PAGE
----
I just got back home from Seattle, where I went to attend and speak at Voices that Matter. The VTM folks put on a great conference, as always, and I'll have more to say about that in future blog posts. But, I wanted to quickly address a question I've been asked numerous times this weekend both over Twitter and in real life. That question was "how productive were you able to be with just an 11" MacBook Air?"
If you follow me on Twitter, you know that after years of using Apple's biggest and most powerful laptops (17" MacBooks and 17" PowerBooks before that), I bought Apple's smallest, least powerful one. This weekend, I decided to experiment by traveling very light. Besides the MacBook Air, my computer bag had an iPad2, a Clear 4G+, the various cables and power cords for those devices, and a mechanical pencil, nothing more. My entire bag weighed 6 pounds, which was quite a change from the monstrosity I usually have with me when I travel to conferences. With a larger computer comes a larger bag with more room for storage that inevitably gets filled with things I might maybe possibly need.
So, how'd it work out?
Absolutely perfectly. Despite being considerably less powerful, the 11" MacBook Air rarely feels slow thanks to the SSD. Certain things take noticeably longer (compiling large applications), but the vast majority of day-to-day tasks feel downright snappy.
The screen is small, but it's a pretty high pixel density, so it's not quite as confining as you might expect. With a few changes to my coding habits, which included going from Menlo-10 to Menlo-9 as my coding font, and committing the Xcode key commands to to hide and show panes to memory, I quickly settled into a workflow that worked really, really well for me.
There may have been a very slight hit to productivity, but it wasn't bad, and it was more than offset by the fact that I could use the laptop anywhere, even sitting in coach. My 17" MacBook Pro is basically unusable in coach if the person in front of me reclines their seat. And the person in front of me always reclines their seat. I got a solid 4 or 5 hours of coding in yesterday that I wouldn't have gotten with my bigger laptop.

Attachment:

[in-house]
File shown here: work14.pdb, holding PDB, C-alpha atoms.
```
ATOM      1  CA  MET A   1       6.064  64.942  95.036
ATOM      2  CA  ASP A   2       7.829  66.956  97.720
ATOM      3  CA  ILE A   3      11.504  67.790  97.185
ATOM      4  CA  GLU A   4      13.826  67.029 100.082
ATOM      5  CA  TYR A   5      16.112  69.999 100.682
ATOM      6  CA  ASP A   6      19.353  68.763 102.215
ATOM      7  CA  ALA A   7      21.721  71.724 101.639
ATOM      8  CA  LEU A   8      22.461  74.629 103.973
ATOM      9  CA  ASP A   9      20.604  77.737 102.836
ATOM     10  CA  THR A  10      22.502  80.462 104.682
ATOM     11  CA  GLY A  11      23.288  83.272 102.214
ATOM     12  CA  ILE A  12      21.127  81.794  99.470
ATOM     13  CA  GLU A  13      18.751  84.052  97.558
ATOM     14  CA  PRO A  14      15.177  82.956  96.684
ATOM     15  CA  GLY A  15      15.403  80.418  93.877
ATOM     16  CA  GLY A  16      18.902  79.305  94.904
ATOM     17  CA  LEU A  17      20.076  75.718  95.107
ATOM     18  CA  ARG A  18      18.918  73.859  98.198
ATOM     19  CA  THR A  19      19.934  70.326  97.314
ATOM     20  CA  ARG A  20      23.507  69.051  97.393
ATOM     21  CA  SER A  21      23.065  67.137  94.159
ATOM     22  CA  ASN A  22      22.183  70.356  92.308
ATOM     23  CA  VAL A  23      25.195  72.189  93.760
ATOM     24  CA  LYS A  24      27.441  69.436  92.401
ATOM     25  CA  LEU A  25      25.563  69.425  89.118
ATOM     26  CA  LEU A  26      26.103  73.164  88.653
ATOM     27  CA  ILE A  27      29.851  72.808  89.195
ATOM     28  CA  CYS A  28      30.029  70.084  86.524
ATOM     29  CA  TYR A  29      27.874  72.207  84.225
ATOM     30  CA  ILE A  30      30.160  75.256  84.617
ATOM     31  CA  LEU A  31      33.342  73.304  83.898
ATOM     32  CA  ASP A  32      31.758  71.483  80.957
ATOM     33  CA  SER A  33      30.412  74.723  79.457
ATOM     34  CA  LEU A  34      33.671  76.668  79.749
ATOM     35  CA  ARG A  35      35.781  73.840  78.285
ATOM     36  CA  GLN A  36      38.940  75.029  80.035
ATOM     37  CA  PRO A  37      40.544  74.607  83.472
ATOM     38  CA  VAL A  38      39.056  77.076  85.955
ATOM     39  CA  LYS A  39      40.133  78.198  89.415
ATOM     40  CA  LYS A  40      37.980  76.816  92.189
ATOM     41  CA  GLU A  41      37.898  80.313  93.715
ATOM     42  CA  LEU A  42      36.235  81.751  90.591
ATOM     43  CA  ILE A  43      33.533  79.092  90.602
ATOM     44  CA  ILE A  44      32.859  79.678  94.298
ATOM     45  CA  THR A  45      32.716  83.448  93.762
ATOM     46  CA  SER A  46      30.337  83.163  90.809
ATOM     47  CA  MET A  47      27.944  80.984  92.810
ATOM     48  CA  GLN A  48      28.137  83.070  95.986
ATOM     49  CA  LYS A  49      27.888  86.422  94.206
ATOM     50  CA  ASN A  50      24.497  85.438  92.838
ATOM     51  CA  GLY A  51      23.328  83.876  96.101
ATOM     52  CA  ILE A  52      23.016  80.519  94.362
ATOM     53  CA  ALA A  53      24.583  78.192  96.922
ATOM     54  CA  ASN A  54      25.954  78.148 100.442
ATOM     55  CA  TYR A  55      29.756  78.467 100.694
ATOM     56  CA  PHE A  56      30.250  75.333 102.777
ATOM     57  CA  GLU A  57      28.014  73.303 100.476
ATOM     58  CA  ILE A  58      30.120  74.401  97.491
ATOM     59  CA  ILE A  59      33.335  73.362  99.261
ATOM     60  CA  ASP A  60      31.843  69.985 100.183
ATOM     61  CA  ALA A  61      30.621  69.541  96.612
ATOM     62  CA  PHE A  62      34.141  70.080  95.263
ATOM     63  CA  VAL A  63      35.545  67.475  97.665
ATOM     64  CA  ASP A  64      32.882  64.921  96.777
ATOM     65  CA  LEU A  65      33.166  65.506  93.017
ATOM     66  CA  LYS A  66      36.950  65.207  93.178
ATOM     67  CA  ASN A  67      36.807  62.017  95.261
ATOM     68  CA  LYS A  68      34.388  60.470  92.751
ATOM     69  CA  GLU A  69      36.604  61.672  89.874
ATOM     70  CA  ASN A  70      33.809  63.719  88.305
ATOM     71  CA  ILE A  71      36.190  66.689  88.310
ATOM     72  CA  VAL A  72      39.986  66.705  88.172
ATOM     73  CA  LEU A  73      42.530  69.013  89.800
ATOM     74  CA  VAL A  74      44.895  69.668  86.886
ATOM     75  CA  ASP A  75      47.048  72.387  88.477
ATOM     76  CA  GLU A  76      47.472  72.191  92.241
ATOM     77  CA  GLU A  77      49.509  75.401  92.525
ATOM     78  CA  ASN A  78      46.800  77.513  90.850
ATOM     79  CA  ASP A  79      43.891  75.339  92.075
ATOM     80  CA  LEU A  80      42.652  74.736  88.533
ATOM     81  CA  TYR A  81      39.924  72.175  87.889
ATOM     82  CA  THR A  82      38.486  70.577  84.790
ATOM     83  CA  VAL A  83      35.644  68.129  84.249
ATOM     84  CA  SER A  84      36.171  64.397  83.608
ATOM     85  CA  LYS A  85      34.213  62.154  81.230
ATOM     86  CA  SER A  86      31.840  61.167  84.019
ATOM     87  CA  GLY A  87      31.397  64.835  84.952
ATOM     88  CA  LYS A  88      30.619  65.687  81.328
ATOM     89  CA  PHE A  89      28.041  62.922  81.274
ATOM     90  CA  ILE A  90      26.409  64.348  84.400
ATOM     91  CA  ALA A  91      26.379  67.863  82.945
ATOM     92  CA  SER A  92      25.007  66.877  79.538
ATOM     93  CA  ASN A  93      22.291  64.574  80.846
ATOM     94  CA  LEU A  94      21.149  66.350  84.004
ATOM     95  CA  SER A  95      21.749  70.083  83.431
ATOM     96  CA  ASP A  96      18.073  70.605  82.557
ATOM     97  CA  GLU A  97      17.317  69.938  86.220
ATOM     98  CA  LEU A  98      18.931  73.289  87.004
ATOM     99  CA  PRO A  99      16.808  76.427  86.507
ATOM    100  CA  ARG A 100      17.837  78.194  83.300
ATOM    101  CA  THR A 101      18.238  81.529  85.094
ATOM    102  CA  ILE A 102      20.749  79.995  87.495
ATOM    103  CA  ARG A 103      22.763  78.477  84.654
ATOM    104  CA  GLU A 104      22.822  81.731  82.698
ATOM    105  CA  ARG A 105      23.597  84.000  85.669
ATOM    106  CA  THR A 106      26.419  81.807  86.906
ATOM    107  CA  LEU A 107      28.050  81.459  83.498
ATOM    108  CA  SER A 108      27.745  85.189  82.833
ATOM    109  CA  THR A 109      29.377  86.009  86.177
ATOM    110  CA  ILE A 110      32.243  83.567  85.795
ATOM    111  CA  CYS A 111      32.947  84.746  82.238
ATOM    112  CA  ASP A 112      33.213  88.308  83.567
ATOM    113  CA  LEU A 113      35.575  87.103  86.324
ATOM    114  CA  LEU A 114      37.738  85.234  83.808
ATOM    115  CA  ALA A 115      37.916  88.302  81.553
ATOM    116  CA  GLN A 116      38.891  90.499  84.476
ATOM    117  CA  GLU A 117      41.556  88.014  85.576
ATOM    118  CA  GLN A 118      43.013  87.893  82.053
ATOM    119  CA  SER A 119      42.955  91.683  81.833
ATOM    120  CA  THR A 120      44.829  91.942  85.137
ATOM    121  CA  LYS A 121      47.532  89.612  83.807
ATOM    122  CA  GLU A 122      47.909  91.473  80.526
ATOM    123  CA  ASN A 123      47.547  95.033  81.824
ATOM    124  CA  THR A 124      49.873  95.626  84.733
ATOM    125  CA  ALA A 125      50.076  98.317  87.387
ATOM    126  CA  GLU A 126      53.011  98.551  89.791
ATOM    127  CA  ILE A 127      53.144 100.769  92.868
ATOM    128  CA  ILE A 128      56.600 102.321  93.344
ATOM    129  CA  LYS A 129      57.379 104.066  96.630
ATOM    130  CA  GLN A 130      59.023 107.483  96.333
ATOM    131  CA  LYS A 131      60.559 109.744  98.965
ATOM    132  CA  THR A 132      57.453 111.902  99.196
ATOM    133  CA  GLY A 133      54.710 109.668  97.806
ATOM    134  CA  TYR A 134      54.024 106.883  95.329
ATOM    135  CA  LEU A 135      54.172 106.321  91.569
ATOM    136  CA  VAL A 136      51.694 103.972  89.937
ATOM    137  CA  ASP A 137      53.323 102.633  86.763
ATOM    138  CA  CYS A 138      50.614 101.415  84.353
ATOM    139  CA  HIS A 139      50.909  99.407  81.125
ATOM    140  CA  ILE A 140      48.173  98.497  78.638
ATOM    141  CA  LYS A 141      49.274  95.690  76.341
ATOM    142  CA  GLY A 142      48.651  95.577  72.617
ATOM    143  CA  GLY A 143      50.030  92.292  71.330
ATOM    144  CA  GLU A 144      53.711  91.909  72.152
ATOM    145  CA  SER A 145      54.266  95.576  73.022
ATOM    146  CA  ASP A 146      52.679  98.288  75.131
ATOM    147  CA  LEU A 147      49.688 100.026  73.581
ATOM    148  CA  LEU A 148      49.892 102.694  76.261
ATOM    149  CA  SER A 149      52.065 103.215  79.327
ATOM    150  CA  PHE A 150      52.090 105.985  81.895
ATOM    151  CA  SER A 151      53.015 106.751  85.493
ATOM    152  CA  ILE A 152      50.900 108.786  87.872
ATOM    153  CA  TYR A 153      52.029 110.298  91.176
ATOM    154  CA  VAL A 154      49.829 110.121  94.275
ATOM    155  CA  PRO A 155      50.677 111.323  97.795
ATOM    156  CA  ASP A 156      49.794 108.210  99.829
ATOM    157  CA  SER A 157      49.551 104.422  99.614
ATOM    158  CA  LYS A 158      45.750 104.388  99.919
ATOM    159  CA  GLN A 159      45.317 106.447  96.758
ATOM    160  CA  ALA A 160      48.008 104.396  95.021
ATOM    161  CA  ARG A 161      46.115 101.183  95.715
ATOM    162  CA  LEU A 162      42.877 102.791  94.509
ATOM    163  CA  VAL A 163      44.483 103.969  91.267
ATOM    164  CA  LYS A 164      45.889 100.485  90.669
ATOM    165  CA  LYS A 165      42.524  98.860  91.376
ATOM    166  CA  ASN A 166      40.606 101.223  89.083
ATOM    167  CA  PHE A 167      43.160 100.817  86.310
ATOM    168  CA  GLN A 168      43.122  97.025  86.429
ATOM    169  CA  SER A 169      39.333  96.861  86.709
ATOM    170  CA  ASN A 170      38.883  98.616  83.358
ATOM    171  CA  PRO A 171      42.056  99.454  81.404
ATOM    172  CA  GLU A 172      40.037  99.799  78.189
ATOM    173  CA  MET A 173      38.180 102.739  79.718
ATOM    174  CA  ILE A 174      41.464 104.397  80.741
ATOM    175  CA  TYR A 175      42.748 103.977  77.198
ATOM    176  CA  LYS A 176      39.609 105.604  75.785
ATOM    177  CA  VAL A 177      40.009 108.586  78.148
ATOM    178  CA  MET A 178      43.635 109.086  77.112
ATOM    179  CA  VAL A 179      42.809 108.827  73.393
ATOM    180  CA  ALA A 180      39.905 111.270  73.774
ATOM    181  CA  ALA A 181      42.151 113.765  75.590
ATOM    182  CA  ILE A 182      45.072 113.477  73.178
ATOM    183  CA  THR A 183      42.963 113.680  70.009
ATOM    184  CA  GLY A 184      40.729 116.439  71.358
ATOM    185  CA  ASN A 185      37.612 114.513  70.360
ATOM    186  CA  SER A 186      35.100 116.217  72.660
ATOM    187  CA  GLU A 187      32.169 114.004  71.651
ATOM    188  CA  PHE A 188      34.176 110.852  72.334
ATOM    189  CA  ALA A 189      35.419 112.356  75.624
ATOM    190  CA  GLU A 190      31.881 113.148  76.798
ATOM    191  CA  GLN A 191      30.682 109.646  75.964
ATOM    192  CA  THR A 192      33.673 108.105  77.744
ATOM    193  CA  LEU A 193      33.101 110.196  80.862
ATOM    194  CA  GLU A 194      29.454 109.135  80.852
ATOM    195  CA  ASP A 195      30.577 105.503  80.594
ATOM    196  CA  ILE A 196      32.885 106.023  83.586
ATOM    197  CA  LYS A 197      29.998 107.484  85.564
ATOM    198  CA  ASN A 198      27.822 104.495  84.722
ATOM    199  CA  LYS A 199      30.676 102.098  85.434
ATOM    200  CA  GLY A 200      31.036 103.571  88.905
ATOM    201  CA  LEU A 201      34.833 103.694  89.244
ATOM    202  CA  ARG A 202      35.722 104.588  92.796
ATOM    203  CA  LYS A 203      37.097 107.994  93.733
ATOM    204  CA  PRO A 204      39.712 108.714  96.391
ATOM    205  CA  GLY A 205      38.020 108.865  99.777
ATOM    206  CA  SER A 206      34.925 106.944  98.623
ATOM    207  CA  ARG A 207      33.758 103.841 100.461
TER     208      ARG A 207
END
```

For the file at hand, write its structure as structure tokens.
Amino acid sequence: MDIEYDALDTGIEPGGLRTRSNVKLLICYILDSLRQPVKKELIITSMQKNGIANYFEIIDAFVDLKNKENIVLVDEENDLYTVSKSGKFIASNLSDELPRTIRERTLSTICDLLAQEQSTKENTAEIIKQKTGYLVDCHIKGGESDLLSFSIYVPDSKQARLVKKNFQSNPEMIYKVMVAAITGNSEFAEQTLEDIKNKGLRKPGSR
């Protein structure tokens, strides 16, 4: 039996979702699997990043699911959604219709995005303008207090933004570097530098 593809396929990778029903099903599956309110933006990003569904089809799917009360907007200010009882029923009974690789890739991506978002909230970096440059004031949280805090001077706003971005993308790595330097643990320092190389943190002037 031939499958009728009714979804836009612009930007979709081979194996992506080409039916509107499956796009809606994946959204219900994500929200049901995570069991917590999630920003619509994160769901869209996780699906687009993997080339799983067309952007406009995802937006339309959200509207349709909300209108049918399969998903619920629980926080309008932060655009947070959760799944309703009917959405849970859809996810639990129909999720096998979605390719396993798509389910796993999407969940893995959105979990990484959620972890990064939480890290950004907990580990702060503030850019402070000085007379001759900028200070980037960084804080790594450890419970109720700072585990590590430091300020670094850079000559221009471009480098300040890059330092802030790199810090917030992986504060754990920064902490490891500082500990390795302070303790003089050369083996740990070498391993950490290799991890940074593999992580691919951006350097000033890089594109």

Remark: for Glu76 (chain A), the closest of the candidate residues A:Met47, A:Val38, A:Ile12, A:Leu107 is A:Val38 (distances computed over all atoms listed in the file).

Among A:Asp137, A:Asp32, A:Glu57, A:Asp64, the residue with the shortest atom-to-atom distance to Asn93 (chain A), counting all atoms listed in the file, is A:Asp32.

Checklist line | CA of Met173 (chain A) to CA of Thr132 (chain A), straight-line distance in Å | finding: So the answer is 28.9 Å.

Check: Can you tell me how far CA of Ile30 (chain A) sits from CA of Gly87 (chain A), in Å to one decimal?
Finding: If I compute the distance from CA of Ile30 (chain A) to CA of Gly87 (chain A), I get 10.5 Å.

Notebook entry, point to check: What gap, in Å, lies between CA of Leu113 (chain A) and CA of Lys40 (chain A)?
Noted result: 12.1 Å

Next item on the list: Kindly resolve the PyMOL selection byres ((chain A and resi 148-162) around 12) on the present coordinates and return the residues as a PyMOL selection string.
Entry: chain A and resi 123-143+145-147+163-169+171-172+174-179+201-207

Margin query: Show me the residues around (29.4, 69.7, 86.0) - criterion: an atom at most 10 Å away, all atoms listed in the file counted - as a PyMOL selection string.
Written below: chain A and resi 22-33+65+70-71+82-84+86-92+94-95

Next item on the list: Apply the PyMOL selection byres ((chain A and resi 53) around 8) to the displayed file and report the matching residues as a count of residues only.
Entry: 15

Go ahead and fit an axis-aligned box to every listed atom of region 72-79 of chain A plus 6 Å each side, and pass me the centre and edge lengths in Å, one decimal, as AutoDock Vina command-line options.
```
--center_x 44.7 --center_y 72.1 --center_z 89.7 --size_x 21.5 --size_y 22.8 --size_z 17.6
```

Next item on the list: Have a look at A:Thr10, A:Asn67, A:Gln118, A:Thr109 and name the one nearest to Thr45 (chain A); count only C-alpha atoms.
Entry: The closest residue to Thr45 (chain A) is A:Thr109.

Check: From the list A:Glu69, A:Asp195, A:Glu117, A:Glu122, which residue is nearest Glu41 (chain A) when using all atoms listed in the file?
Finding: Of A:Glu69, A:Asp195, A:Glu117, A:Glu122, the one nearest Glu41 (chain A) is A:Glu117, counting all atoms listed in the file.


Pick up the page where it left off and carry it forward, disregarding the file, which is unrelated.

So, yeah. It worked out great.
A couple of times this weekend, I was also asked a related question, which is "could you use it as your main development machine?".
The answer to that is "I could, but probably wouldn't want to". However, that's because of factors that probably don't impact most developers. The nature of several of our clients (sorry I can't be more specific than that) means that a lot of our mockups and images come to us as very, very, very large Photoshop files with lots of layers. I regularly have to deal with Photoshop files that are a gigabyte in size or larger.
If it weren't for that, and my occasional dabbling in 3D graphics programming, I definitely could use this machine full time. In fact, an 11" MacBook Air with a 27" Apple display, would be a very capable iPhone dev machine for most developers, though I would definitely buy the "ultimate configuration" if you are looking at getting one.